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Maneuvering a Divorce With Children
My wife and I have our first child, a daughter. She’s great, but does what babies often do — cry/scream, often in the middle of the night.We live in a townhouse with thin walls. I feel bad for our neighbours, who have young children of their...

How should I apologize for my crying baby?: Ellie | Toronto Star

My wife and I have our first child, a daughter. She’s great, but does what babies often do — cry/scream, often in the middle of the night.We live in a townhouse with thin walls. I feel bad for our neighbours, who have young children of their...

How should I apologize for my crying baby?: Ellie | Toronto Star

My wife and I have our first child, a daughter. She’s great, but does what babies often do — cry/scream, often in the middle of the night.

We live in a townhouse with thin walls. I feel bad for our neighbours, who have young children of their own. I’m worried that our daughter’s cries from powerful lungs are waking them.

We asked about it when we met them outside and they seem understanding.

But I’m not sure whether we should formally apologize, go over with a bottle of wine, buy them a white noise machine to put in the room on the other side of the wall, or something else.

New Parents

Your consideration for others is admirable. Since your neighbours have young children, they’ve surely also experienced some loud crying episodes in the night.

Your idea of giving them a bottle of wine after a difficult night will be appreciated.

Meanwhile, you’ve joined a large club of first-time parents and could use some reassurance that the initiation rites of sleeplessness don’t go on forever.

If possible and desirable, invite those understanding neighbours over and share some wine, coffee, whatever, while you chat about the joys and trials of bringing up baby.

You’ll find, through years of child rearing, that gathering information is always worthwhile.

Don’t hesitate to also check with your baby’s doctor if the crying seems too frequent or reflects pain.

Also, read some contemporary experts on parenting and if you feel you need more guidance, consider taking a parenting course.

My mother is extremely self-centred and has relationships only as a means to an end.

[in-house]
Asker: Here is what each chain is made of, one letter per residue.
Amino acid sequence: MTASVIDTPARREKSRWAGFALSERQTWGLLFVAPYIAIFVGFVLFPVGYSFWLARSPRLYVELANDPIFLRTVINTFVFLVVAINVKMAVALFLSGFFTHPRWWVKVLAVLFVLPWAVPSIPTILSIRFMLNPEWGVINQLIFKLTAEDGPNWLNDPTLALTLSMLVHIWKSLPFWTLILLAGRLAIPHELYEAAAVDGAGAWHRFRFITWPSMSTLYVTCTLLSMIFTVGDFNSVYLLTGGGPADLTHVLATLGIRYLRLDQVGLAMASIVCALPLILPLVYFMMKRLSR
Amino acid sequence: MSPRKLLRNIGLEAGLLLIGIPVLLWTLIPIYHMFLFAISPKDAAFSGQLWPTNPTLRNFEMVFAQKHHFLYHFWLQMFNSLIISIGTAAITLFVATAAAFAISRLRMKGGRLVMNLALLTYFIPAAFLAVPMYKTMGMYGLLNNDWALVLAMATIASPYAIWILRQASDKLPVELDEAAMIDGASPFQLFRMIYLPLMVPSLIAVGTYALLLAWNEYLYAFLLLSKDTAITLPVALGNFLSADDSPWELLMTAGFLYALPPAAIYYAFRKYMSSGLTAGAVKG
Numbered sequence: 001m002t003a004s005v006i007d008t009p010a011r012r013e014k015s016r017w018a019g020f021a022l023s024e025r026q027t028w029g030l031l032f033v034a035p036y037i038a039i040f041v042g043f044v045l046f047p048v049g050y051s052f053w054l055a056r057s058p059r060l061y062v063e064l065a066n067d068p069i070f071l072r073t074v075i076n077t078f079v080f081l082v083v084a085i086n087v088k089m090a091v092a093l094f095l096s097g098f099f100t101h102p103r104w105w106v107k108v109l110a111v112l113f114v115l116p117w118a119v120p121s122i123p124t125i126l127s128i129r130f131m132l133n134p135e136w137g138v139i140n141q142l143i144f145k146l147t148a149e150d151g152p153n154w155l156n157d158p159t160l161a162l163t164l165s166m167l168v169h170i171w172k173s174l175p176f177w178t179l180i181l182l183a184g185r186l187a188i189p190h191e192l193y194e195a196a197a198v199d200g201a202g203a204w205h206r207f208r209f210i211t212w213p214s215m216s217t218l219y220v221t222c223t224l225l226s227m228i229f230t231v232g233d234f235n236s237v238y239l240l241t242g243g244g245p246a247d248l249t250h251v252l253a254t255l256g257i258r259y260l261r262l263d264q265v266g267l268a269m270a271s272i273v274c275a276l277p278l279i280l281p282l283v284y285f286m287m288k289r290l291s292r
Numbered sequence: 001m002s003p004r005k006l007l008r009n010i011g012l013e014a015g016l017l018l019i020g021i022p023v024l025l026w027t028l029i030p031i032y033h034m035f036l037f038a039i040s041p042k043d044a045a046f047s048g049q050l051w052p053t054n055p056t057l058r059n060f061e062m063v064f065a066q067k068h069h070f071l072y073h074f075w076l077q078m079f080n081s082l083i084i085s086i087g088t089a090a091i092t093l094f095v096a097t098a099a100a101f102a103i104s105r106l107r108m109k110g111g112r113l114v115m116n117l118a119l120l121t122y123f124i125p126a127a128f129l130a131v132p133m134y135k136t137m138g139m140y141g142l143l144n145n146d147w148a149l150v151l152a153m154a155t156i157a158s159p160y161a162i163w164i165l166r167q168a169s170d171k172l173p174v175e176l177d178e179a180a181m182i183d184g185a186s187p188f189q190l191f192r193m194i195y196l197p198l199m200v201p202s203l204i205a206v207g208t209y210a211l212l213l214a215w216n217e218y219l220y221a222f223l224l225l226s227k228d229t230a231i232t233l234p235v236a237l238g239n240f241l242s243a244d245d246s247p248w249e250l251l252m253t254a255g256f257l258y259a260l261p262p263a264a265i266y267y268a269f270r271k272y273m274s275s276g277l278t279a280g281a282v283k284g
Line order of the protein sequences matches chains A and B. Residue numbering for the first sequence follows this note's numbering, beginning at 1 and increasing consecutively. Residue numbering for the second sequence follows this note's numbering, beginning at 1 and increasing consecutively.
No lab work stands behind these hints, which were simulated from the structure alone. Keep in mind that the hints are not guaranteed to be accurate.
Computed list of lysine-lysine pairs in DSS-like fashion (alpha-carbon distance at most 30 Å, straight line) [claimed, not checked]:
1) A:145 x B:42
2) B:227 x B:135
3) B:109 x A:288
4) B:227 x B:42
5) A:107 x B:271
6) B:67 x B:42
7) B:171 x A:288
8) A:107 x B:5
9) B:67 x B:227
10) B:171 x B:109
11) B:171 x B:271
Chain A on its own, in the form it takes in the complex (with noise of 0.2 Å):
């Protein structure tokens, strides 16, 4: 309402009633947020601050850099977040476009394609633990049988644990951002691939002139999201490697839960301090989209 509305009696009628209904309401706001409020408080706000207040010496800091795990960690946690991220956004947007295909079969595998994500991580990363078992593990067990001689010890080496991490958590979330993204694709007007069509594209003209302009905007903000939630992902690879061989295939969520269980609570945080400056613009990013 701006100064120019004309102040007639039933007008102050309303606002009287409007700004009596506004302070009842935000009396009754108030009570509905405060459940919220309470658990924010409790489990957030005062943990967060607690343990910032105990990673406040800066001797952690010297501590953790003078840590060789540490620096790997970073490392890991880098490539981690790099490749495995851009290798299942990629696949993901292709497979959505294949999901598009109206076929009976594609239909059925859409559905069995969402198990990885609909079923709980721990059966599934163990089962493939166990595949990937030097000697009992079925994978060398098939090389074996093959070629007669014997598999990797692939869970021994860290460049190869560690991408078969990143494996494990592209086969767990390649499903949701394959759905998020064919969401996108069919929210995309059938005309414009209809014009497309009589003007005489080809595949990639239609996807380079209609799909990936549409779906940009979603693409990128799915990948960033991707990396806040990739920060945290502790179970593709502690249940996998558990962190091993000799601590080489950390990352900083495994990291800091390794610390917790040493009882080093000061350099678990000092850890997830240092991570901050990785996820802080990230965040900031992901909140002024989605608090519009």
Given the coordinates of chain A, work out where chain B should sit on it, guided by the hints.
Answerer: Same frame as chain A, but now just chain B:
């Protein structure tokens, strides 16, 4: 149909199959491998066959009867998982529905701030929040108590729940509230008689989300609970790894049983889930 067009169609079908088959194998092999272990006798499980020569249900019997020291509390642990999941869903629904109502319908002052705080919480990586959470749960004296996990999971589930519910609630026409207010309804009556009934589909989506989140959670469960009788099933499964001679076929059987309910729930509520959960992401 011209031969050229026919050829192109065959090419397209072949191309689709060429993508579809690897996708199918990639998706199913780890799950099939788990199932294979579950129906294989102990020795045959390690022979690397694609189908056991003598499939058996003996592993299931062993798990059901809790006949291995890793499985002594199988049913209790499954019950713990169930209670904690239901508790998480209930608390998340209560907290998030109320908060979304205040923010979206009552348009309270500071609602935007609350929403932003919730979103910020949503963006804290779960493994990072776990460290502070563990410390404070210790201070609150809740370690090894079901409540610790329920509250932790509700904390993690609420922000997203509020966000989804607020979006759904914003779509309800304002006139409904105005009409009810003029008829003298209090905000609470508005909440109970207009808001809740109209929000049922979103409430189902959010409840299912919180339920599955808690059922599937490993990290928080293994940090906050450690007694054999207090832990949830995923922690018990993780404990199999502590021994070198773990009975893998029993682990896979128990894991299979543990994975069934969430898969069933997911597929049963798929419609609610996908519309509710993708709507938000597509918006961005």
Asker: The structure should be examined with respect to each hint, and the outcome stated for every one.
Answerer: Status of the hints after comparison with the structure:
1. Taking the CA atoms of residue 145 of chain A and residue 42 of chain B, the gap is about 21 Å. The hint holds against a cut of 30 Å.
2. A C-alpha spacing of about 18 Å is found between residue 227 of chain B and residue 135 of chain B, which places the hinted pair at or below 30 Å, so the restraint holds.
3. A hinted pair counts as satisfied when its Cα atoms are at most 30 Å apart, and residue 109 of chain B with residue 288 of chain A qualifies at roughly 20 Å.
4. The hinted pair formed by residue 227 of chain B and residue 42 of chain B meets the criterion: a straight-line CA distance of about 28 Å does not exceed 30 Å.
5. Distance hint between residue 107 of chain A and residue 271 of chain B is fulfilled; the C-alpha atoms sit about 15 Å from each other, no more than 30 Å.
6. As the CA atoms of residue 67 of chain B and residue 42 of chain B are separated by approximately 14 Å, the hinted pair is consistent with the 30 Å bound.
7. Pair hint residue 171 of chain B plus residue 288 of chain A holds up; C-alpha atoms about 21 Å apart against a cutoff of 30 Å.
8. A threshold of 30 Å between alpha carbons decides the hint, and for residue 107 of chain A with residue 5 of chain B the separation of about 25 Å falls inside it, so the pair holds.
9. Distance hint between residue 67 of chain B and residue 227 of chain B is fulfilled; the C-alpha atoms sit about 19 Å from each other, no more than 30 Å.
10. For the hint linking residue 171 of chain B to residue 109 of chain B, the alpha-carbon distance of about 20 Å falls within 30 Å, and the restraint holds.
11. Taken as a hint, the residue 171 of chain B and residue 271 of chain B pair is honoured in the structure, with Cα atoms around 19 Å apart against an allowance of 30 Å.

She repeatedly cancels plans because something better has come up.

She’ll also bluntly say she was too busy to return a call.

A year ago, she told me she could spend the rest of her life never seeing me or talking to me.

I was a little stunned, but very hurt. Some of my siblings get treated the same way and some don’t.

She doesn’t work, have a partner, or any friends. Her world revolves around three of my siblings and their children.

I was still making an occasional effort to see her but recently decided to stop setting myself up for repeated rejection.

The last time we spoke, I said, “let me know when you’re free so we can get together.”

It’s been six months of no contact, not even over Christmas. Your comments?

Done with Mom

If you’re looking for permission or approval of your disengagement from your mother, you don’t need it.

You’re an adult who’s tried, reassessed and emotionally withdrawn.

But if you’re thinking it’s OK to cut all ties forever, that’s not so easy or wise.

Things change. She’ll get older and won’t understand why you don’t seem to care (it’s part of her self-absorbed nature to not recognize her part in pushing you away).

Your siblings who are close to her will have opinions on all this, and you may not be emotionally comfortable being misjudged, or losing touch with all of them.

However, taking “a break” from expectations about getting together is healthy for a while.

If trying to reconnect (briefly) becomes something you can handle, contact her. Also, ask your other siblings how she’s doing. You’re part of a large family and they need to know that you’ve tried.

There’s no guarantee she’ll respond as you wish, but I believe that you and your relatives need to know the effort was made.

Tip of the day

As new parents, check with the baby’s doctor and seek information on any persistent and worrisome behaviours.

Read Ellie Monday to Saturday. Email ellie@thestar.ca or visit her website, ellieadvice.com.

Follow @ellieadvice.

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